Originally Posted by xmanhockey7
If state law prohibited LEOs from carrying on school property the Law Enforcement Officer Safety Act (LEOSA) would allow them to be on school property provided they're licensed by the state which the school is located.
LEOSA does not constitute an exception to the GFSZA. The only way anyone (including off-duty LEOs) can be exempt from the GFSZA is with the few listed exceptions:
(B) Subparagraph (A) does not apply to the possession of a firearm—
(i) on private property not part of school grounds;
(ii) if the individual possessing the firearm is licensed to do so by the State in which the school zone is located or a political subdivision of the State, and the law of the State or political subdivision requires that, before an individual obtains such a license, the law enforcement authorities of the State or political subdivision verify that the individual is qualified under law to receive the license;
(iii) that is— (I) not loaded; and (II) in a locked container, or a locked firearms rack that is on a motor vehicle;
(iv) by an individual for use in a program approved by a school in the school zone;
(v) by an individual in accordance with a contract entered into between a school in the school zone and the individual or an employer of the individual;
(vi) by a law enforcement officer acting in his or her official capacity; or
(vii) that is unloaded and is possessed by an individual while traversing school premises for the purpose of gaining access to public or private lands open to hunting, if the entry on school premises is authorized by school authorities.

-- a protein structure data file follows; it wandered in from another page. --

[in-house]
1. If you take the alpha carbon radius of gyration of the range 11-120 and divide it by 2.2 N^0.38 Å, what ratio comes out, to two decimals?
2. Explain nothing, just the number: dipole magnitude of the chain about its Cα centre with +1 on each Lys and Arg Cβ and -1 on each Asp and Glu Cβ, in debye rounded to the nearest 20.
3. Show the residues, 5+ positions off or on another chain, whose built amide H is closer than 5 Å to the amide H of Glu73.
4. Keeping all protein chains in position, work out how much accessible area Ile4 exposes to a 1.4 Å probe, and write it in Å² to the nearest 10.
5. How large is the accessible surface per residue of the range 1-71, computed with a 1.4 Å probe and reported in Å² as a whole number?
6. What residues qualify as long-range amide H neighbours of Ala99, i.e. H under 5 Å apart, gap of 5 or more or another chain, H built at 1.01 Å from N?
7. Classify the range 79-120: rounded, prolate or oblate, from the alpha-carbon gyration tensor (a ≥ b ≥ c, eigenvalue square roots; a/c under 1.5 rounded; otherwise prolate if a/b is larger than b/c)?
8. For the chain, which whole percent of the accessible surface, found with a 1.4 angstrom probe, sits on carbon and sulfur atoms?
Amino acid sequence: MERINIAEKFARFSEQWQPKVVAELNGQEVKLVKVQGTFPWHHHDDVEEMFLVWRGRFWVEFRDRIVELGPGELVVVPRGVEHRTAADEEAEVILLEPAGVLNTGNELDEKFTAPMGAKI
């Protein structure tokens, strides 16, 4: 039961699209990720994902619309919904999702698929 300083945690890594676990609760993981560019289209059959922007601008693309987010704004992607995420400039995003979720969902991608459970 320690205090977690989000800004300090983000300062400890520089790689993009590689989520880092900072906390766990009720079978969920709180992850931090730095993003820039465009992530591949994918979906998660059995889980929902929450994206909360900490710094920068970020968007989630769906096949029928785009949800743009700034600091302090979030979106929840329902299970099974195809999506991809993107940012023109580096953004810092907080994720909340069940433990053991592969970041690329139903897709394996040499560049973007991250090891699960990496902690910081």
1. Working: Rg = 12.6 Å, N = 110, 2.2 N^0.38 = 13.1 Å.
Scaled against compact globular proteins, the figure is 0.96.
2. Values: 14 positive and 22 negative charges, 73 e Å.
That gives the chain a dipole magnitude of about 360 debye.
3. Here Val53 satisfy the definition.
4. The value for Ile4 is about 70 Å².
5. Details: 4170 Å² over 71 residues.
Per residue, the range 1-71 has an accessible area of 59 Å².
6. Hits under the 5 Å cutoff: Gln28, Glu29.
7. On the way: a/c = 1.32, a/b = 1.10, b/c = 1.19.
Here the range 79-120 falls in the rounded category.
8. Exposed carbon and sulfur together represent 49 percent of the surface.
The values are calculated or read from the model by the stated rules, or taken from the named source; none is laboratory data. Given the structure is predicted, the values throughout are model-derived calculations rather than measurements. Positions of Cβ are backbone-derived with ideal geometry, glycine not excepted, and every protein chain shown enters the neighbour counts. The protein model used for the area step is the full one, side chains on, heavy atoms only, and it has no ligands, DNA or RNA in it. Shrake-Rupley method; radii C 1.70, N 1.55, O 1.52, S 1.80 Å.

The exceptions to the GFSZA that are pertinent here are Section (ii) that states you're exempt if you have a permit from the State where the school is located, and Section (vi) that exempts LEOs acting in an official capacity.
There are no exceptions for the LEOSA. The text of LEOSA also does not have any provisions for it to exempt the LEO from the GFSZA. This is a known hole in LEOSA, and several congressmen are addressing the issue, but as of RIGHT NOW
, LEOSA DOES NOT EXEMPT ANYONE FROM THE GFSZA.
The legal wording of section (vi) of the GFSZA even goes so far as to say "acting in an official capacity". Note that it doesn't say "on duty". So technically, an LEO could be charged even if he was on duty but not acting in an official capacity. Example would be an on-duty cop stopping by the school to drop off lunch for his teacher-wife, or an on-duty cop stopping by school to pick up his sick kid. These visits may in fact be happening while "on duty", but they are certainly not "in an official capacity", as they are obviously personal business.
This is not to say that it's GOING TO HAPPEN this way, and that cops are going to suddenly start getting arrested for such examples. I'm just saying that as the law is written, there are plenty of LEOs who are in-fact violating the GFSZA without knowing it, and are potentially exposing themselves to being charged with violating it. The GFSZA is legally too-vague, and has some major issues with it. The poster-child of flawed legislation.
Food for thought.